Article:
Adult males and teenybopper girls took turns pressing the flesh with smiling Asada, Harada and Ute while the MC repeated over and over again, “Thank you very much. May we request that you keep your comments brief when shaking hands.” After that, the proceedings drew to a close.

As the room started to clear, I pondered the idea of men with 5 o’clock shadows milling around a teen scene like this. Considering the frequent reports of men’s desires gone astray on crowded trains and the like, it, well, raised some issues.

Asked about this, however, an industry insider standing in the sidelines told me that wota rarely cause trouble, even when they finagle their way into youngsters-only events by posing as chaperones.

I asked the models what they thought of their middle-aged male fans, and found that they were equally resigned.

“It does feel a bit peculiar that these men are the same generation as my father,” said 16-year-old model Harada. “But I’m grateful that they come and see us even in the countryside or up in Hokkaido.”

Outside, I struck up a chat with the group of wota I’d met upstairs to learn more about how they fit into the greater scheme of Japanese society.

But the more I pressed for a concrete explanation, the more they wriggled away — apparently preferring to retain that air of mystique so cherished by the colorfully made up “costume players” of Tokyo’s Harajuku area or the dress-wearing Center Guys across town in Shibuya.

But some information was forthcoming, for example, the etymology of the word “wota.” To distinguish themselves from run-of-the-mill otaku — computer geeks, anime freaks and the like — wota chopped off the “-ku” at the end of the word and, with a touch of playfulness, slapped on a “w” up front. (Typing “wo” on a Japanese computer keyboard renders a kana syllable pronounced “oh.”)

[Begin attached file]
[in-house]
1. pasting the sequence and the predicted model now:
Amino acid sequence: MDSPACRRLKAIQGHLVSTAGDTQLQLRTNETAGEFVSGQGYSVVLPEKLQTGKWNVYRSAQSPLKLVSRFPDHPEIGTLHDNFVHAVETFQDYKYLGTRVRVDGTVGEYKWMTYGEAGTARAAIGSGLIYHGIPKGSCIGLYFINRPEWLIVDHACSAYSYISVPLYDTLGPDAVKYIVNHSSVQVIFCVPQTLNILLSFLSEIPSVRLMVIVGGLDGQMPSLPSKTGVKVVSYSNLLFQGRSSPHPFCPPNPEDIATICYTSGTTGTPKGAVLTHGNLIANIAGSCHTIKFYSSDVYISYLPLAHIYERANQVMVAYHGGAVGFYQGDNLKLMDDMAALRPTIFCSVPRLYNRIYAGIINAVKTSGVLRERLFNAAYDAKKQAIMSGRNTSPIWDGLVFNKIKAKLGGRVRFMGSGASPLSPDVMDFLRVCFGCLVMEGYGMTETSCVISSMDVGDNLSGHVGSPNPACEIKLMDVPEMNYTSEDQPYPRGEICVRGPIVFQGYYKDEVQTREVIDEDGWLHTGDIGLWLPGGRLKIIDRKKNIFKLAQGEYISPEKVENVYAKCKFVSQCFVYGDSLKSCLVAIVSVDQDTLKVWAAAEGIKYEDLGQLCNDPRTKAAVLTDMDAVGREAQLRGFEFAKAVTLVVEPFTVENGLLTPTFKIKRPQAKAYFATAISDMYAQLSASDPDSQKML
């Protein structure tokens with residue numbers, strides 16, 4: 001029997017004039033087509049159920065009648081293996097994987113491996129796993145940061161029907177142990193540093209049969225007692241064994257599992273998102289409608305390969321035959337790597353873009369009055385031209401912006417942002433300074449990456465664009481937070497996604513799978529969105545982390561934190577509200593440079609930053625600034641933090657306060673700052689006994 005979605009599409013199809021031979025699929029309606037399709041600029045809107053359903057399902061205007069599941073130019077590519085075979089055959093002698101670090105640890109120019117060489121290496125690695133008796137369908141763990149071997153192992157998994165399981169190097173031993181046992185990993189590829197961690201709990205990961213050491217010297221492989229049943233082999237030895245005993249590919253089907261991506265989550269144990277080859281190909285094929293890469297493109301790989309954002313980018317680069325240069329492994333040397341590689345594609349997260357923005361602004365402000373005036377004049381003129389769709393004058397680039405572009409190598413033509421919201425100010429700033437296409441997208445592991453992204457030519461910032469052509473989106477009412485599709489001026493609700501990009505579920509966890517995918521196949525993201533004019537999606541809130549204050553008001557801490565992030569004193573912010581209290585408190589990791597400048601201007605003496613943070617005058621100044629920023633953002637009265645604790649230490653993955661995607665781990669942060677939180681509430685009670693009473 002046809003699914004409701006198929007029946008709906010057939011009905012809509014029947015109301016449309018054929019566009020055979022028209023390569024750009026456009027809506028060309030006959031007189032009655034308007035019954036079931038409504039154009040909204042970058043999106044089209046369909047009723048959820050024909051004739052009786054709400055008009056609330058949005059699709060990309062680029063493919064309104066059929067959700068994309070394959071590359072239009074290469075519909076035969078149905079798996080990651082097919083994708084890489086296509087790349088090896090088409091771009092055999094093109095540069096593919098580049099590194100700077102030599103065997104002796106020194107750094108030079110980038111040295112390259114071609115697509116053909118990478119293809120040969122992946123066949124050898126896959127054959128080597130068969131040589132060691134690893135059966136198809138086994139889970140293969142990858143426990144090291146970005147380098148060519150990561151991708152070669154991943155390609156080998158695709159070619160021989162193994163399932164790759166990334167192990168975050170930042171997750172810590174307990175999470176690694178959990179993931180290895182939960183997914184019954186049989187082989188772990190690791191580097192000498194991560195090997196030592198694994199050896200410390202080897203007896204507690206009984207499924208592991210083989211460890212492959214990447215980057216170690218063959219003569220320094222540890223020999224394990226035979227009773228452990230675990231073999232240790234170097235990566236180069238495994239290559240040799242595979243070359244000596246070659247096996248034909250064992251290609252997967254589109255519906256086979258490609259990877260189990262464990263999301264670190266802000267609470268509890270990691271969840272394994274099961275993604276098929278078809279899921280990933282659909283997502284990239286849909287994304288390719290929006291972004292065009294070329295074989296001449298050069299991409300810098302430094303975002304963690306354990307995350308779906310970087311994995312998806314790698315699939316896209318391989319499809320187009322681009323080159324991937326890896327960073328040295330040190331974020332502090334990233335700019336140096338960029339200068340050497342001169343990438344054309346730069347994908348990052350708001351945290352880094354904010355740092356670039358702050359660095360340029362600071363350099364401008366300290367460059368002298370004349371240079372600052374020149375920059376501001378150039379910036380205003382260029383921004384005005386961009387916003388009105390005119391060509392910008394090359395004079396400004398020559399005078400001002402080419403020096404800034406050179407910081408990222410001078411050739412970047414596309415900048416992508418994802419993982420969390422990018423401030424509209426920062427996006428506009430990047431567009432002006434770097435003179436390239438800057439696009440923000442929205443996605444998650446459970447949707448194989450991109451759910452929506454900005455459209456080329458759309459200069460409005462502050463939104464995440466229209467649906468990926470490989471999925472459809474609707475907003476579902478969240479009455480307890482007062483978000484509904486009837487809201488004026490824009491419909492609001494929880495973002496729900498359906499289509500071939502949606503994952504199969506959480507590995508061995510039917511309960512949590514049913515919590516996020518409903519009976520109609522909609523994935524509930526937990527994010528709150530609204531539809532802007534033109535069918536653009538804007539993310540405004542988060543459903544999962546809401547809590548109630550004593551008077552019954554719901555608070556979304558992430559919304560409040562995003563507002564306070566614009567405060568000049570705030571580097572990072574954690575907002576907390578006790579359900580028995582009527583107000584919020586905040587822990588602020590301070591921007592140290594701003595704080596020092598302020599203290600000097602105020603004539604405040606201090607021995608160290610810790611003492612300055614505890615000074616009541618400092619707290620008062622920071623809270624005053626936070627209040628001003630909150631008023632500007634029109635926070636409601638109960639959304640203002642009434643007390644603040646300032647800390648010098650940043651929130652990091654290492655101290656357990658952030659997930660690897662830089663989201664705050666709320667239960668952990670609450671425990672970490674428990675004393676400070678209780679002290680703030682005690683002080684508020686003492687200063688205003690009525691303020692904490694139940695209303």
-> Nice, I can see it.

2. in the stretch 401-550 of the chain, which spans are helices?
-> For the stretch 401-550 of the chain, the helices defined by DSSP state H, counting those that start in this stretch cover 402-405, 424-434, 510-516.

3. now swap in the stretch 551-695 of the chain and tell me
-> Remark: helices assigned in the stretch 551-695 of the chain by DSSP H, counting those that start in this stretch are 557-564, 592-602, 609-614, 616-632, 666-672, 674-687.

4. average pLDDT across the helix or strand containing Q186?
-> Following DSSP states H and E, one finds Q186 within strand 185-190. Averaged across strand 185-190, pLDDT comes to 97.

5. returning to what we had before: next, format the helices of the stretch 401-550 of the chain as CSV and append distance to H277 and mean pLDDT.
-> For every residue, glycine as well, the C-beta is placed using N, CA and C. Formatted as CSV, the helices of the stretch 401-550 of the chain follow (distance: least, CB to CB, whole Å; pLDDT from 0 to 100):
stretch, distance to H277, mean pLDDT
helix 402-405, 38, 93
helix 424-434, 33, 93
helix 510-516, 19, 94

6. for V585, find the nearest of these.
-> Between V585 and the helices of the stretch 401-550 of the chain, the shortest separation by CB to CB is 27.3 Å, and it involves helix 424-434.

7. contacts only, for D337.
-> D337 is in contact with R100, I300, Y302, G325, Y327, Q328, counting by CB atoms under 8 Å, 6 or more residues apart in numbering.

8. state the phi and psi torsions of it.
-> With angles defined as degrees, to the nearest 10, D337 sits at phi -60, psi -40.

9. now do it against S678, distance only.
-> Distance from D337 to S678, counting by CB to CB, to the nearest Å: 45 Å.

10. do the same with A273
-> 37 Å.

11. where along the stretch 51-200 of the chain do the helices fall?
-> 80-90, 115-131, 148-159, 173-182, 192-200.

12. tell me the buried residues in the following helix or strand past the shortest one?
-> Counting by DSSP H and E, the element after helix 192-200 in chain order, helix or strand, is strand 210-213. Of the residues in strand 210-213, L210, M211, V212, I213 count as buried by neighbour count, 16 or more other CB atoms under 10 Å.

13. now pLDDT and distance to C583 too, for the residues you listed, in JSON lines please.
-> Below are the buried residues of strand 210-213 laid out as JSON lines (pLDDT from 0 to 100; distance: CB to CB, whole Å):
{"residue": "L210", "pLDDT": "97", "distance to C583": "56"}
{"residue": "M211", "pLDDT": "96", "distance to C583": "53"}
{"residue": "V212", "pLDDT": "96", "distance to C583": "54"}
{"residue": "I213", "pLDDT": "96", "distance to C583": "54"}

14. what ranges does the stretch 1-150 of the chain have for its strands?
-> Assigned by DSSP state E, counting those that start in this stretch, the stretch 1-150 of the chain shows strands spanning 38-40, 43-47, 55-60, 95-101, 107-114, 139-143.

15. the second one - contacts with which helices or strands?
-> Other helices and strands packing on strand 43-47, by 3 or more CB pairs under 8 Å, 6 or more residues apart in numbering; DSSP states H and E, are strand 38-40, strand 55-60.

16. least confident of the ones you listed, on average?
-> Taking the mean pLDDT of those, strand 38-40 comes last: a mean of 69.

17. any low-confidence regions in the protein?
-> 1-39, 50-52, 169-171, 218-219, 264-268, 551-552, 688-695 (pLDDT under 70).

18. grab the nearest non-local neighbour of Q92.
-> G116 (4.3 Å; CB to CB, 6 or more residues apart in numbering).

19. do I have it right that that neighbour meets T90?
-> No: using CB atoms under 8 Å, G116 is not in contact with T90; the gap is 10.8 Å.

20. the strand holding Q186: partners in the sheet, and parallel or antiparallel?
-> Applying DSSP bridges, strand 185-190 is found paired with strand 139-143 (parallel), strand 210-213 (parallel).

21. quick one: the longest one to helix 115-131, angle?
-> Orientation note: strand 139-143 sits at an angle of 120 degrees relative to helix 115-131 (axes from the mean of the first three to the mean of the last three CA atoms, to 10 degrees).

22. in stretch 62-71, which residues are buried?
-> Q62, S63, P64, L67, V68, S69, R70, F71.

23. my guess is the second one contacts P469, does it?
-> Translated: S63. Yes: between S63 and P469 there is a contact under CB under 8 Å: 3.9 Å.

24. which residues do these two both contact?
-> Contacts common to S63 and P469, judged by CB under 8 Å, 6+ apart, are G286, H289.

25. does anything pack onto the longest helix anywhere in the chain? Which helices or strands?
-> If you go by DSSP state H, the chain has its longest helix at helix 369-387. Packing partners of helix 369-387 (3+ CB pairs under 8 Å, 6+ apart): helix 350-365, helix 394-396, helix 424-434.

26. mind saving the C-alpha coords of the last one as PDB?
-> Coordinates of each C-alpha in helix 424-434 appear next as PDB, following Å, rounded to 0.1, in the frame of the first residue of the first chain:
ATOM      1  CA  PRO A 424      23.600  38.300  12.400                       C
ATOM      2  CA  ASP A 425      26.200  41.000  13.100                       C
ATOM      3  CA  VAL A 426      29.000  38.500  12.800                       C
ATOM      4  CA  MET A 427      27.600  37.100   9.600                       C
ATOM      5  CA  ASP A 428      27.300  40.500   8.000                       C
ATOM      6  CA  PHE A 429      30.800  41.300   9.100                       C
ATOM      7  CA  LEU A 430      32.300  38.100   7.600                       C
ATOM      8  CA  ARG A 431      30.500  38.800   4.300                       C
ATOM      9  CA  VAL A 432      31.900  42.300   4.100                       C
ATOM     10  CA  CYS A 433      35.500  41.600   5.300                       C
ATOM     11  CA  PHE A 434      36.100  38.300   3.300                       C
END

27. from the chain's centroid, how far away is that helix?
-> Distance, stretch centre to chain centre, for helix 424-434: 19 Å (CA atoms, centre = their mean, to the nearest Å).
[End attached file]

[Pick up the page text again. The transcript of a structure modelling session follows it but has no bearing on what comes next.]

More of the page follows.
Very interesting.

But what was it that fueled their passion? I wanted to know.

Asked to explain his enthusiasm for teen idols, the wota in a fur-rimmed cowboy hat, an unemployed 27-year-old who lives with his parents and goes by the nickname Hiroppon, finally answered after much thought, saying that he “strenuously” fantasizes about a model one day becoming his girlfriend.

For his soft-spoken friend “Morry,” also 27 years old and a graduate student of musical composition, getting up close to the girls on stage was more about diving into the ethos of kawaii (cuteness). “If I could be born again, I’d want to be a cute girl,” he explained, adding that he sometimes wears T-shirts made for a young-miss physique.

If you wanted to get esoteric about it, you could call all this a Jungian quest for the Inner Princess, a sort of worship at the psychological altar to feminine power.

Maybe. But as I watched these fellows discuss how to squeeze into girls’ clothing or reminisce about some long-gone promotional event, it seemed that more than anything, wota sought the comfort of each other’s presence — the knowledge that other men were also fleeing Japanese conformity.

Around the time everybody started to head toward Akihabara Station, two wota said something that appeared to confirm exactly that hunch.

“People think we’re strange,” said one.

“And so what?” his friend replied.